17-year-old Anna was nominated for TrinityTalent 2020 for her progress in Classical and Jazz. She taught herself the flute, and after submitting her examination online achieved Grade 5 distinction.
Anna was nominated by her mother, Jane Thirkettle. She said: "Anna started teaching herself the flute in the summer holidays of 2018, and decided to enter herself for a Grade 5 online exam. Anna undertook all the preparation for the exam herself, learning the pieces with no guidance from a teacher, showing huge commitment. Her flute playing has massively improved as a result of the time she dedicated to her preparation for the exam, and it hugely developed her musicality and independence. She was overjoyed to receive comments such as "a most stylish performance", "clear musicality and technical assurance" and "beautiful intonation"."
The Trinity judges said: "We are impressed with how Anna stepped out of her comfort zones to learn a new instrument without a teacher, and demonstrated exceptional self-dedication, as demonstrated in her achievement of a distinction."
How has your Trinity College London qualification influenced your artistic achievement with your art?
My Trinity Music Grade 5 exam was vital in my progress in teaching myself the flute as it gave me a goal to work towards, which helped me push my abilities further. I also used the Grade 5 syllabus to help structure my methods in teaching myself, by following the repertoire and scale lists, because I didn’t have a teacher to ask for suggestions.
Has taking part in a Trinity qualification helped you to develop wider skills?
Gaining my Grade 5 qualification greatly improved my confidence in my abilities on flute, as I don’t have a teacher to give me advice! I have also taken Grade 8 Trinity qualifications in clarinet and jazz saxophone, so learning the flute helps my career development, as I am interested in woodwind doubling.
Please tell us how you found the experience of recording a digital submission for music
Recording a digital music submission gave me a valuable experience to reflect on my playing, which was especially useful when teaching myself, as I watched back practice recordings and used this to guide myself on what I should work on.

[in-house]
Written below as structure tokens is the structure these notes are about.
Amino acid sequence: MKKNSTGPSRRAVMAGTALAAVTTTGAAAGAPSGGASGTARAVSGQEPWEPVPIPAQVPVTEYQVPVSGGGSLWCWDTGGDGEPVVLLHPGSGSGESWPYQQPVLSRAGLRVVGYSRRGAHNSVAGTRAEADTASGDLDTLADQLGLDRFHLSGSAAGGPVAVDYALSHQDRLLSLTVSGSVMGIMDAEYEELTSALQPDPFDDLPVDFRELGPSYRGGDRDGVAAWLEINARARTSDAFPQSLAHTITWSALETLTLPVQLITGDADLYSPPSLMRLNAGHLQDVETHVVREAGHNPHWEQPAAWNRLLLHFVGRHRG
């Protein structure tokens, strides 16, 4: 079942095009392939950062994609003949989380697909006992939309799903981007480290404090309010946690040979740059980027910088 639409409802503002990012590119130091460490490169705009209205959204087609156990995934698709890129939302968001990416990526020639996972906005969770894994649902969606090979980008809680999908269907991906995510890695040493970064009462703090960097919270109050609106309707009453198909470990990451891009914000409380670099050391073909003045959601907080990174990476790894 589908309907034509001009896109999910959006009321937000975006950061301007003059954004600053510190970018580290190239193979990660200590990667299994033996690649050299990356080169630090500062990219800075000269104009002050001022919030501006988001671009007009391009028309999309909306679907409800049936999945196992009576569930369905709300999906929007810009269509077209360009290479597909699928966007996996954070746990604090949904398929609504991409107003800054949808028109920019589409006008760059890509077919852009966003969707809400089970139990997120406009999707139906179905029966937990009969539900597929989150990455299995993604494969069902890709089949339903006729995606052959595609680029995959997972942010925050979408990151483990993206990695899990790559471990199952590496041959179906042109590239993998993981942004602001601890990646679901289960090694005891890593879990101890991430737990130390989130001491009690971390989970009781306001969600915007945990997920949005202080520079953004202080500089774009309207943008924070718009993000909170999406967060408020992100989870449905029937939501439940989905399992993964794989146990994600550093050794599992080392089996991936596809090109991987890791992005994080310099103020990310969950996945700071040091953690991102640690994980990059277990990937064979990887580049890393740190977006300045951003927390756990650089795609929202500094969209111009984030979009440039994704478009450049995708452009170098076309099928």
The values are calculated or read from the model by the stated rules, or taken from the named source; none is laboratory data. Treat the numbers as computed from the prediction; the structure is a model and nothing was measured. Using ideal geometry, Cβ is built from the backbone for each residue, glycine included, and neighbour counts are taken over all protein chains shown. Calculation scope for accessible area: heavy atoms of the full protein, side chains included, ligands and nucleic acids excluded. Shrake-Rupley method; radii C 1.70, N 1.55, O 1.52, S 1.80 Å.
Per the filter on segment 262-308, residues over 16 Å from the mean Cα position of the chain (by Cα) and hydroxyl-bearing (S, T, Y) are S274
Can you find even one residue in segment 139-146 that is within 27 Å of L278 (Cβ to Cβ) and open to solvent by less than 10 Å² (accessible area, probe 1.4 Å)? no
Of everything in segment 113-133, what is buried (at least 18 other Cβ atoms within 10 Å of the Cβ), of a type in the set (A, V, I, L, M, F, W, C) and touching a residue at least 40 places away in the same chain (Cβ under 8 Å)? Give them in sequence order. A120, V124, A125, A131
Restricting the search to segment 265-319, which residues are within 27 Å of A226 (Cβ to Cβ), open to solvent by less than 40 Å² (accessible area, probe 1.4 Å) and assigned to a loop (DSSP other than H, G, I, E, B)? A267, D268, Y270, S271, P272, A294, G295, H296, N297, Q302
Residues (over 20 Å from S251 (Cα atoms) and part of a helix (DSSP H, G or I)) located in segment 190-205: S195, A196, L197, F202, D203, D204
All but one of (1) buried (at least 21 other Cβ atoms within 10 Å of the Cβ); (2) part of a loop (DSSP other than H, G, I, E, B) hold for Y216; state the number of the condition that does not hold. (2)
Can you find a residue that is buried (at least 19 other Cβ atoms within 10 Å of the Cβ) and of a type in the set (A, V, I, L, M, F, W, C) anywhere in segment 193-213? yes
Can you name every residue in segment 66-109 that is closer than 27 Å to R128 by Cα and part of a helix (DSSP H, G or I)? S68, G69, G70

Would you like to tell us anything about your personal circumstances or challenges you’ve faced this year, and how you’ve overcome them to achieve your Trinity qualification?
I am principally a clarinettist, and I was very disappointed when lots of my orchestral opportunities were cancelled due to lockdown. I decided to use my spare time to prepare for my Grade 5 Flute exam, which I had wanted to do for a while, but didn’t have the time when attending the sixth form and practising two other instruments! At the same time as taking my Grade 5 Flute exam, I also took my Grade 8 Jazz Alto Saxophone exam, so I had to balance the two.
What are the next steps for you following your qualification?
I am currently working on teaching myself Grade 6 Flute repertoire. I am working towards a Grade 8 Classical exam on alto saxophone, and I plan to take an ATCL Diploma in Clarinet Performance this year.
What are your career aims?
I would like to become a professional musician. I am interested in playing in orchestras and pit orchestras, as well as instrumental teaching. In September I am going to study clarinet at the Royal Birmingham Conservatoire, and I think the skills I have learnt on flute will be extremely useful in my studies.
Have you got any advice for other young people working towards a Trinity qualification or Arts Award?
Record yourself playing through your pieces, listen back to them, and use this to help you identify areas to work on. It can be hard to listen to yourself, but it’s extremely valuable for self-improvement! Practising effectively, rather than just going over the same passages in the same way, is the key to improving!
Read more about the talented young people selected to be featured as part of the TrinityTalent Class of 2020.